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Week advocates respect for life

Amanda Gray | Wednesday, October 5, 2011

Greater acknowledgement for even the smallest life is at the heart of Respect Life Week, Right to Life club president Sam Stempky said.

Stempky, a junior, said the week is intended to bring attention to matters relating to human life that may not otherwise attract the necessary dialogue.

“We need a greater appreciation for the importance of these issues,” she said. “[Abortion] is a prevalent issue that isn’t talked about.”

Respect Life Week is a part of the national Respect Life Month, held in October each year.

Senior Ann Marie McCabe, the club’s Respect Life Week commissioner, said the weeklong celebration has become a campus tradition.

“This is an opportunity for the greater student body to be aware of Respect Life issues in a very prayerful way,” she said.

The most recent statistics published by the National Center for Health Statistics report 231 abortions for every 1,000 live births in 2007 — a nearly 1-to-4 ratio. According to PlannedParenthood.org, one in three women will have an abortion by the time she is 45 years old.

“We have a very loving focus on a very hurtful issue,” Stempky said. “We’re not about throwing graphic images in people’s faces, yet we want people to know the truth.”

Events already held this week include Monday’s presentation and lecture by Rebecca Kiessling. Kiessling was conceived by rape and nearly aborted twice. She speaks around the country for pro-life events, Stempky said.

Club vice president Jason Taulman said around 40 people showed up for the talk.

“As a woman conceived in rape and a family law attorney, she has a great balance of personal anecdotes and academic arguments,” he said. “Her entire existence is a reminder that this is not a purely philosophical, moral or legal debate, but in reality, human lives are at stake.”

Abortion and its moral implications can hit close to home, even for Notre Dame, Taulman said.

“As a student at this fine university, I think many of us, myself included, forget how real and how prevalent this issue is in our world, and hearing this talk was a great reminder of the inherent value of life, no matter whether it was created within the most violent of situations or the most positively life-giving marriage,” he said.

A rosary was prayed with University President Fr. John Jenkins Tuesday evening in the Basilica. A showing of the documentary, “Thine Eyes: A Witness to the March for Life,” will be held tonight in Geddes Hall Auditorium at 7:00 p.m. The documentary focuses on the annual March for Life in Washington, D.C.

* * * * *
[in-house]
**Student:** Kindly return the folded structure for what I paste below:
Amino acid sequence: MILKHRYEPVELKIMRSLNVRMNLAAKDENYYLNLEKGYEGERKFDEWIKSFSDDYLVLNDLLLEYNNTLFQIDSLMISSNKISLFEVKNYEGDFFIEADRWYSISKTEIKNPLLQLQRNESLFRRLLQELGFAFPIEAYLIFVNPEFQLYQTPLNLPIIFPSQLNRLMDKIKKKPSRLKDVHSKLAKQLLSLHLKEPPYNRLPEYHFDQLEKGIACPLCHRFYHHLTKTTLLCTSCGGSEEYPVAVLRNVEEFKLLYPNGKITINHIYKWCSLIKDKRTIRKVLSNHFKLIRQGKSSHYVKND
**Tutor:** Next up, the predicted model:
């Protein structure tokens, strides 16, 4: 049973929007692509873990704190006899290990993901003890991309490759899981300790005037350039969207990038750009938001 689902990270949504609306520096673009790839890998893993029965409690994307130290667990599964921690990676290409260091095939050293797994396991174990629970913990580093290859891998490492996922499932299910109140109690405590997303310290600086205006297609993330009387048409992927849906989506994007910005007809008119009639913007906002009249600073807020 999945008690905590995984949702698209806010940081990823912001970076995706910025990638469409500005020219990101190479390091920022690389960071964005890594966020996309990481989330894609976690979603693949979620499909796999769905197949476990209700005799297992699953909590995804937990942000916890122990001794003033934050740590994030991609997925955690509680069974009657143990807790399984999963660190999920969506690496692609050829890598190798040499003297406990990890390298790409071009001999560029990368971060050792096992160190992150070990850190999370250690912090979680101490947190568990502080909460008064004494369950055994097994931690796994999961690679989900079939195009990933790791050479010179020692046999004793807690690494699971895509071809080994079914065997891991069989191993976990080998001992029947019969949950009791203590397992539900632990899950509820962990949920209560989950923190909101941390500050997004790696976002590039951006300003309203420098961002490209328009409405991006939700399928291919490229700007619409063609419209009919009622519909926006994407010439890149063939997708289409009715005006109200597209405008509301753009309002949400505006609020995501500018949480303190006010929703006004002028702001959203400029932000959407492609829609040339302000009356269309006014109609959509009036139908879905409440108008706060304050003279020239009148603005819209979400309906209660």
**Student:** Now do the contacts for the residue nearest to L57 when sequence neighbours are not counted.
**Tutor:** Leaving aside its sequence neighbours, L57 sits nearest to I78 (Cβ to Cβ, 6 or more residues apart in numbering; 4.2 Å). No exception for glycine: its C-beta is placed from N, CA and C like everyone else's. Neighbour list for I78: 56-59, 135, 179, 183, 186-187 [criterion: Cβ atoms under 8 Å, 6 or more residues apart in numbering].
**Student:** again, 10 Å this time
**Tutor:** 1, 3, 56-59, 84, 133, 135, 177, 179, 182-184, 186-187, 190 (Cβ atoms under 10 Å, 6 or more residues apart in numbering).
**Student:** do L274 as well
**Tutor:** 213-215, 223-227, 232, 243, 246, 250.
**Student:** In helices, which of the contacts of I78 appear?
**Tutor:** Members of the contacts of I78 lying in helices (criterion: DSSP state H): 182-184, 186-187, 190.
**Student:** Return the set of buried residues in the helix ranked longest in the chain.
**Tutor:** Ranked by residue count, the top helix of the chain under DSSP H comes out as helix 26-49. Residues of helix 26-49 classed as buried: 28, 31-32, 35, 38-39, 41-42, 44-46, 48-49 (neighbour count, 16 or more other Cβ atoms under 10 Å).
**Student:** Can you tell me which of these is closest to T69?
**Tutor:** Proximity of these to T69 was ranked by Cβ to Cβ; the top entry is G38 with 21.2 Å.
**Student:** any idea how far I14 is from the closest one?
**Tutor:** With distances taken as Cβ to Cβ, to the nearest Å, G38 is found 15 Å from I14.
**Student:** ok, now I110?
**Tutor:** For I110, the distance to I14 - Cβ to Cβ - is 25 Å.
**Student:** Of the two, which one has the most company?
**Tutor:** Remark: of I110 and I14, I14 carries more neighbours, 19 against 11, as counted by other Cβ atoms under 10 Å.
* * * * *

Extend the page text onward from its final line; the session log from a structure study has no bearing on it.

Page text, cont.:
A display of crosses will be placed on South Quad near the flagpole Thursday evening, and a cupcake sale Friday will raise money for Hannah’s House, a “supervised visitation and exchange center” catering to parents and children with limited visitation rights, according to the organization’s website.

Stempky said she hopes the events held during the Week will convey the gravity of abortion.

“It is necessary to bring awareness to life issues and the immense impact they have on all of us,” Stempky said. “The abortion issue isn’t talked about enough.

One in three women have abortions – that’s our mothers, our sisters, our friends. We want people to have all the information.”

Coinciding with Respect Life Week is 40 Days for Life, an international initiative with a chapter in South Bend. Held from Sept. 28 to Nov. 6, 40 Days for Life began in Texas in 2004.

Shawn Sullivan, director of South Bend’s 40 Days for Life, said there has been some student participation in the South Bend chapter.

“With the last few campaigns, the primary goal has been to get more Notre Dame students and faculty involved,” he said.

The event involves fasting, prayer and a community vigil at a local abortion clinic, he said.

Sullivan hopes to expand participation in South Bend’s 40 Days for Life campaign beyond its current, largely Catholic membership.

“We want other faith groups to get involved,” he said. “It’s ecumenical in nature.”

Community outreach is also part of 40 Days for Life, Sullivan said. The group will welcome Peter Kreeft, a Boston College professor and religious speaker, to St. Pius X Church in Granger, Ind., on Oct. 14.

The South Bend chapter also hosts a second 40 Days for Life during Lent, he said.

“Forty days — that’s a period of transformation,” Sullivan said. “It’s representative of scripture, and we draw on that transformative period we see repeated throughout the Bible.”